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A past participle is the form of a verb that indicates an action took place in the past; it is commonly made by adding "-ed" to the end of the verb. This form can be used in a number of different ways, such as the formation of perfect tenses. The present perfect tense uses it with the auxiliary verb "has" or "have" such as "I have jumped 100 times today," while the past perfect uses the auxiliary "had." A past participle is also typically used with a form of the auxiliary verb "is" to make a sentence in passive voice, such as "The moon was jumped over by the cow."
The most common way in which a past participle of a verb is formed is with the addition of the suffix "-ed" to the simple form of regular verbs. For example, the simple form "jump" can be made into its past participle form by changing it to "jumped" and "guess" becomes "guessed." Irregular verbs, however, are more difficult and do not have a simple form change that occurs. Words like "ring" take on the form "rung," and even more confusion can arise since a similar word like "bring" has the form "brought" rather than "brung."
Perfect tenses are formed through the use of a past participle with one of several different auxiliary verbs. The present perfect is created by adding "has" or "have" to this form of a verb, such as "I have rung the bell today." Past perfect is formed in a similar way, with the use of the auxiliary "had" to form sentences like "I had jumped out of bed every morning until today." These perfect tenses indicate events that have occurred in the past, and can have an impact on the present situation or refer to ongoing past actions.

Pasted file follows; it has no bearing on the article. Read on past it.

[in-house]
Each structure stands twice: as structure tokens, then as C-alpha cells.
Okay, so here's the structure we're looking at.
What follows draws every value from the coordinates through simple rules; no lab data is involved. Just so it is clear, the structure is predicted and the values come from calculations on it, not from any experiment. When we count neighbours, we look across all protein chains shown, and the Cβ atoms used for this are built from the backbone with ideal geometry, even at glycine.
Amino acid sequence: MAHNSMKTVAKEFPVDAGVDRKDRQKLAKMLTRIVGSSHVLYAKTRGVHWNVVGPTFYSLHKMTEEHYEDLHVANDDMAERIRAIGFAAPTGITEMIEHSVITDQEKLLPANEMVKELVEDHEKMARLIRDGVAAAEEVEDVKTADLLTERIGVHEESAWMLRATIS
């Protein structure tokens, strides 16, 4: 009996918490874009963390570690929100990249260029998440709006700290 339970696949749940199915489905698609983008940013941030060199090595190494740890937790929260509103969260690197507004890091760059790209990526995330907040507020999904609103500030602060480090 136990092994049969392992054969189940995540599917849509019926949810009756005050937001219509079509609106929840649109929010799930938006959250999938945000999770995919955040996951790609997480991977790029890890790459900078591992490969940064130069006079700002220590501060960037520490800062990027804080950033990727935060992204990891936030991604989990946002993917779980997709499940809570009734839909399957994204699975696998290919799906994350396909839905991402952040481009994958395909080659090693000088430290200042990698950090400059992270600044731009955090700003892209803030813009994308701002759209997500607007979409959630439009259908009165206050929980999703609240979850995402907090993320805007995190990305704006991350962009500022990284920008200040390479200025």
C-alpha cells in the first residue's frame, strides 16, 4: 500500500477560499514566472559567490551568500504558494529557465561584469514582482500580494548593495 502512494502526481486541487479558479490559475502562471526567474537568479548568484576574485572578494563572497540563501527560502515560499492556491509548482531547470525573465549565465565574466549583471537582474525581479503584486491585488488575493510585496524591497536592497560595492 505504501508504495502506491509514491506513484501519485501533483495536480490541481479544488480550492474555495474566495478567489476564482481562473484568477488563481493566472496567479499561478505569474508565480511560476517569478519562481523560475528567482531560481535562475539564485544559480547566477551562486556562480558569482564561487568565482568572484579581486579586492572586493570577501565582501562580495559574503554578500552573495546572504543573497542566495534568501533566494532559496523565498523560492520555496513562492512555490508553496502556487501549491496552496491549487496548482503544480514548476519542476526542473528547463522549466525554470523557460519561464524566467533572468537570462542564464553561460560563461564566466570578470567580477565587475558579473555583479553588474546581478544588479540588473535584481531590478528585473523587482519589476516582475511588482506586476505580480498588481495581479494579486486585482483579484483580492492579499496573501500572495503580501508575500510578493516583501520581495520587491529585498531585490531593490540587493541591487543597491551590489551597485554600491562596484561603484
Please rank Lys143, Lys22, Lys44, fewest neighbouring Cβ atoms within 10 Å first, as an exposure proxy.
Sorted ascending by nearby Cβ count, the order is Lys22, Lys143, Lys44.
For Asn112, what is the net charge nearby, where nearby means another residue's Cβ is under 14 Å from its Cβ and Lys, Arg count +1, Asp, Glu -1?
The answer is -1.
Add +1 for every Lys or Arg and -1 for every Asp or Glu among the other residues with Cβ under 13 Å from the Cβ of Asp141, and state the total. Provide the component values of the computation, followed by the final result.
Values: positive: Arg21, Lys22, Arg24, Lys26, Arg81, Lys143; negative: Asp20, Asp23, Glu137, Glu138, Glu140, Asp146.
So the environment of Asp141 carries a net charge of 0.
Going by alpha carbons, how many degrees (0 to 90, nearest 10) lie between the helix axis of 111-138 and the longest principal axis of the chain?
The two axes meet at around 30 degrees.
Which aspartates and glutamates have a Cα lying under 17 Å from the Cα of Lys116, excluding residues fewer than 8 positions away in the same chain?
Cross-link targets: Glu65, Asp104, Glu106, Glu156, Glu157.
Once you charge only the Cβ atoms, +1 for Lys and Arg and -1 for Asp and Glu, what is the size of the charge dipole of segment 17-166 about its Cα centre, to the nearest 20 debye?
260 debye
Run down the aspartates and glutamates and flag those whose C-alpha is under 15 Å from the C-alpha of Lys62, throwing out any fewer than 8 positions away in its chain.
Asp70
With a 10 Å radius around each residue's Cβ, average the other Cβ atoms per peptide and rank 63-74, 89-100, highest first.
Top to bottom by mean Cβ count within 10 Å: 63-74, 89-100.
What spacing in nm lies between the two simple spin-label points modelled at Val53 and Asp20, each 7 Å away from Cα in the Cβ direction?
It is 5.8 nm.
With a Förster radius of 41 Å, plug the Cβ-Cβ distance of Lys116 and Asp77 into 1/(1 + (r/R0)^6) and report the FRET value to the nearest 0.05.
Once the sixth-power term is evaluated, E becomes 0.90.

The past participle is also used to make sentences in passive voice, which should typically be avoided in writing. Active voice in a sentence presents the subject of the sentence first, and describes the action it is taking as well as any objects that are the target of that action. In passive voice, however, the object is presented first and then the action being taken by a subject that is presented later in the sentence.
A line from a popular children's rhyme "The cow jumped over the moon," is in active voice, with the "cow" being the subject of the sentence. When the same past participle of "jumped" is used with the auxiliary "was," it becomes passive as "The moon was jumped over by the cow." This presents the object first, rather than the proper subject and makes the action in the sentence less immediate and interesting.
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